The most extreme case of abuse against a mystic has to be the Muslim mystic Mansur al Hallaj (858 -922).  This mystic often expressed his love and understanding of God in unorthodox ways.  Reading about his life, I saw him as a bit eccentric.  It is reported that he once knocked on the door of his mentor, Al-Junaid, and when the mentor asked who was at the door, Al- Hallaj answered, “I am the truth.”  Al Junaid warned him to be discreet with the “secret of God,” and not to disclose it to those who would not understand it.  His followers interpreted his saying as “God has emptied me of everything but Himself.”

Although many admired and followed him, still many could not understand his sayings, and found him dangerous.  Once, when he reached Mecca for pilgrimage, he was turned away by authorities who called him a heretic and a magician.  Strangely, he had pre-cognition of the brutal end to his physical existence, but was not disturbed by it one bit.  In a state of ecstacy, he stated, “I am the truth.” Truth or al-haqq in Arabic, is one of the names of God, which did not sit well with the authorities who interpreted him as claiming to be God, and who at the same time were weary of his growing prominence.  He was executed in a brutal manner.  He was tortured at first as his limbs and facial features were chopped off one by one before he was finally beheaded.  The following day, his remains were burned and the day after, his ashes were scattered in the wind. While he was being tortured, he kept pleading to God to forgive those torturing him, that they did not know what they were doing.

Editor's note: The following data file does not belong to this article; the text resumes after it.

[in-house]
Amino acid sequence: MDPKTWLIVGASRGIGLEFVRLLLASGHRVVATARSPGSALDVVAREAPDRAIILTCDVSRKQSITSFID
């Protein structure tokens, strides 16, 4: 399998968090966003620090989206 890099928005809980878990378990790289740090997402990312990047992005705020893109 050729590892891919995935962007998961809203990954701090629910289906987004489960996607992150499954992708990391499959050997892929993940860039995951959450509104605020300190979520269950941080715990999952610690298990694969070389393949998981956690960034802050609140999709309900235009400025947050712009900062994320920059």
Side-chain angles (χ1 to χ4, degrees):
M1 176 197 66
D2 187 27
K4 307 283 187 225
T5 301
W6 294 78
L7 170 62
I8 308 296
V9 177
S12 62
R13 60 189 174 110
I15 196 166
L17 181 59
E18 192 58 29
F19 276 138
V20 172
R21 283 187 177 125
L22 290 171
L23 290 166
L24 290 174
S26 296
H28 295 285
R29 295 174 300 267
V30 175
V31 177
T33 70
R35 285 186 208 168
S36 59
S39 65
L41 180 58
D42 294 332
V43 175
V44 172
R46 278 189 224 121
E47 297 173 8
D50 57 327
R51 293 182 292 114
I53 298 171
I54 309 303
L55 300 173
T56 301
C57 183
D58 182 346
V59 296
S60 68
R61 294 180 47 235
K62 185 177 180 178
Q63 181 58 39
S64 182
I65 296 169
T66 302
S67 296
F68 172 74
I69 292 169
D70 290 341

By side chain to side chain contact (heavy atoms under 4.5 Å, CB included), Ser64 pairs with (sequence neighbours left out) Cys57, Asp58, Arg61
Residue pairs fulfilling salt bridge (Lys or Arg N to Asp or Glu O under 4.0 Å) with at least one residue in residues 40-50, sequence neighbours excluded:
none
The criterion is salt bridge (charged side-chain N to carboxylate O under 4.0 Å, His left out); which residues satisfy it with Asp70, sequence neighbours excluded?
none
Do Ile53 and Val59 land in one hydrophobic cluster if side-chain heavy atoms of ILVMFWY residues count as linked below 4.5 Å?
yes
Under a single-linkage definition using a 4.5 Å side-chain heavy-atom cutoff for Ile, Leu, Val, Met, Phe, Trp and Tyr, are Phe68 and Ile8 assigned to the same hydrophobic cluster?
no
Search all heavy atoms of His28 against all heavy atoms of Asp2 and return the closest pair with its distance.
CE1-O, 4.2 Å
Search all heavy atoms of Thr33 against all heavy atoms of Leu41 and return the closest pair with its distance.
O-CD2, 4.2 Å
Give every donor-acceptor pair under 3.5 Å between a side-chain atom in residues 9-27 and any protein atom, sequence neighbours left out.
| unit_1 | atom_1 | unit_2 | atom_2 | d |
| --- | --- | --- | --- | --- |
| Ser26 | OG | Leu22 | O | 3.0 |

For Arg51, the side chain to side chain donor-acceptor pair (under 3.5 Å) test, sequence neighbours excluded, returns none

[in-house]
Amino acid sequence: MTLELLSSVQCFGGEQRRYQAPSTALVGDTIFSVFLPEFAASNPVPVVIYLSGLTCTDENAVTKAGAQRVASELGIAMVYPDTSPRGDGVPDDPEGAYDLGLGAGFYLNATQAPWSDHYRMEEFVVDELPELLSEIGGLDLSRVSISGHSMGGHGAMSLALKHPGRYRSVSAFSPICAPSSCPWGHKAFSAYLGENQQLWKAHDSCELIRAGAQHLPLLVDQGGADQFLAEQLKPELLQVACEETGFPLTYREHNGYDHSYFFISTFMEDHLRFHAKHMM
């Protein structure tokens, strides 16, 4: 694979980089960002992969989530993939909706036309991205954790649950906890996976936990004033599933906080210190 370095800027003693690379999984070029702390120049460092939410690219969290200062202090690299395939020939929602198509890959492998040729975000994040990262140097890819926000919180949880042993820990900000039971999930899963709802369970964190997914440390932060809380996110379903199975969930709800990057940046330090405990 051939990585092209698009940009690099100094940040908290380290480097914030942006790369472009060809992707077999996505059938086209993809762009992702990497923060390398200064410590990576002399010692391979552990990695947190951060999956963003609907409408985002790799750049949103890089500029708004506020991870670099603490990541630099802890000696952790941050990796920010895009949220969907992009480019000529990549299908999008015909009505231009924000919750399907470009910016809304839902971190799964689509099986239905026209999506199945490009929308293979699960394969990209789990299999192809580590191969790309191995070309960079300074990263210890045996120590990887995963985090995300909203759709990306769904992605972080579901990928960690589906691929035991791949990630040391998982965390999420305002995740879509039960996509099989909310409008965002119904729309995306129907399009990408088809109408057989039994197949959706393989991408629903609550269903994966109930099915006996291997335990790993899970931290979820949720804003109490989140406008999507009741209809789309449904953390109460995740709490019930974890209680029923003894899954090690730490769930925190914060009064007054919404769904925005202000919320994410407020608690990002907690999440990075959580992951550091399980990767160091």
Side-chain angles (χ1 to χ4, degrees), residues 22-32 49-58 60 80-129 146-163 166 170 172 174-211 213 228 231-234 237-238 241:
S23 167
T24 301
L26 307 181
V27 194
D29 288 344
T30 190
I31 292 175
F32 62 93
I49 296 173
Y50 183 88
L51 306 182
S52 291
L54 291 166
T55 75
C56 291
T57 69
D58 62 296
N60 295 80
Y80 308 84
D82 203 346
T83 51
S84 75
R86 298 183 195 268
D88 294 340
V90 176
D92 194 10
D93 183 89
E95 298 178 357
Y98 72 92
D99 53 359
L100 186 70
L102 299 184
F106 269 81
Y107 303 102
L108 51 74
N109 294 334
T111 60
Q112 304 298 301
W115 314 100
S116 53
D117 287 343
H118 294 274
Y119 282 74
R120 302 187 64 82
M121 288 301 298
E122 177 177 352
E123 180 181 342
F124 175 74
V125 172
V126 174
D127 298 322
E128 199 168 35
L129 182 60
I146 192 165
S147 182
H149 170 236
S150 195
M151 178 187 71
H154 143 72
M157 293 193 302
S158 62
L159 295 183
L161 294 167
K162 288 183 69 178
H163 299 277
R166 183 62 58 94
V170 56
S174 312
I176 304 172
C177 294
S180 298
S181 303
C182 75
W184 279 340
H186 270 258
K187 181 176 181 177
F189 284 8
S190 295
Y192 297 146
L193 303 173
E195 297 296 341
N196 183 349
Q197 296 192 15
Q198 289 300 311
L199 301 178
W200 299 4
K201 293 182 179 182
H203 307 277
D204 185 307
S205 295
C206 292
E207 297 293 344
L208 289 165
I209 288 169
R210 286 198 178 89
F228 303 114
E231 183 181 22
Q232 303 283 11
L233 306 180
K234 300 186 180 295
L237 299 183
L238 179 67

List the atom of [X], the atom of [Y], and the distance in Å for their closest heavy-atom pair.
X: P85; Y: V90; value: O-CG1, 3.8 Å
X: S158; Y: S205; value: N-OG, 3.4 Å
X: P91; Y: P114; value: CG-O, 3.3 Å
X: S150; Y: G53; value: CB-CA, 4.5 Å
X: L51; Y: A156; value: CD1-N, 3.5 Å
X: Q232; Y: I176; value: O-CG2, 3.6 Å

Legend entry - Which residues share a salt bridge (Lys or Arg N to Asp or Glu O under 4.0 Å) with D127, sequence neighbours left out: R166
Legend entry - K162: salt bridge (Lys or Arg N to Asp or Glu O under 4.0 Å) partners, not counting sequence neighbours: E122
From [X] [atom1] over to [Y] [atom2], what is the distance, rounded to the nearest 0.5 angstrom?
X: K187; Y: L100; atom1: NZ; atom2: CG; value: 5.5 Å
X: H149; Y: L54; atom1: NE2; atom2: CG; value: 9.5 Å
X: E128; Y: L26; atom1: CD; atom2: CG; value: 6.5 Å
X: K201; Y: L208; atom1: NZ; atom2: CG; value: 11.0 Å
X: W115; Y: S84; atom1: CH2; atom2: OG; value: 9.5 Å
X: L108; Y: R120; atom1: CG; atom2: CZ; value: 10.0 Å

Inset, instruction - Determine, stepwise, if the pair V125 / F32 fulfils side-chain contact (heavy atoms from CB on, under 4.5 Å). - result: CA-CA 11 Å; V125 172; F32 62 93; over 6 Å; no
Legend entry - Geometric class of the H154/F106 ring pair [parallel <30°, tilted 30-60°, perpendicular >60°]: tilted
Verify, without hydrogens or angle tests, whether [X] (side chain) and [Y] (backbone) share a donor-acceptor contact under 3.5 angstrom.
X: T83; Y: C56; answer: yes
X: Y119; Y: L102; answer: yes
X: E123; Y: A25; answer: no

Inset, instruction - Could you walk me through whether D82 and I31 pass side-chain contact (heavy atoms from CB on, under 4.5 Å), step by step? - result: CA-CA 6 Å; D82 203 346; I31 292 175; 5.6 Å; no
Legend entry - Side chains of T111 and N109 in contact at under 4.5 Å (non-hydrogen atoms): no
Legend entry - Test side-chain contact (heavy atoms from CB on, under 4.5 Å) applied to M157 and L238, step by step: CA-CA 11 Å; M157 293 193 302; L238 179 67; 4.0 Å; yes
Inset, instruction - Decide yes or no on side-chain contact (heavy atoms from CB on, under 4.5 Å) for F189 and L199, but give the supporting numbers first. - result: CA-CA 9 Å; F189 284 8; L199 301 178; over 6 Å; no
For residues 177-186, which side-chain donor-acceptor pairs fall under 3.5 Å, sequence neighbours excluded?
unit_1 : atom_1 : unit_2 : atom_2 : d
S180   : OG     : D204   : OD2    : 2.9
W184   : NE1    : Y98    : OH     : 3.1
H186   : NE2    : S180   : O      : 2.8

I know that there are several in the Muslim community who consider the sayings and some practices of mystics heretical, and some go as far as considering them outside the boundary of Islam.

After careful analysis of mystics and their sayings, I sincerely believe that the problem lies in the limitations of language.  As humans we are restricted to what a person is saying without access to the person’s mind.  This causes us several problems in every day situations, whereby we routinely misunderstand others, and others misunderstand us.

This problem seems to be amplified when it comes to mystics.  When they share their insights with the world, many misunderstand them because human language is limited to express what can directly be perceived by our physical senses. At the same time, our senses then filter reality according to our past conditionings and subconscious beliefs.  This gives us a very narrow and “processed” understanding of reality, life, and God.

Now imagine if you were somehow able to transcend your conditionings and see the reality with no filters and biases.  What kind of experiences would you have?  You would definitely have different experiences than before.  You would have mystical experiences.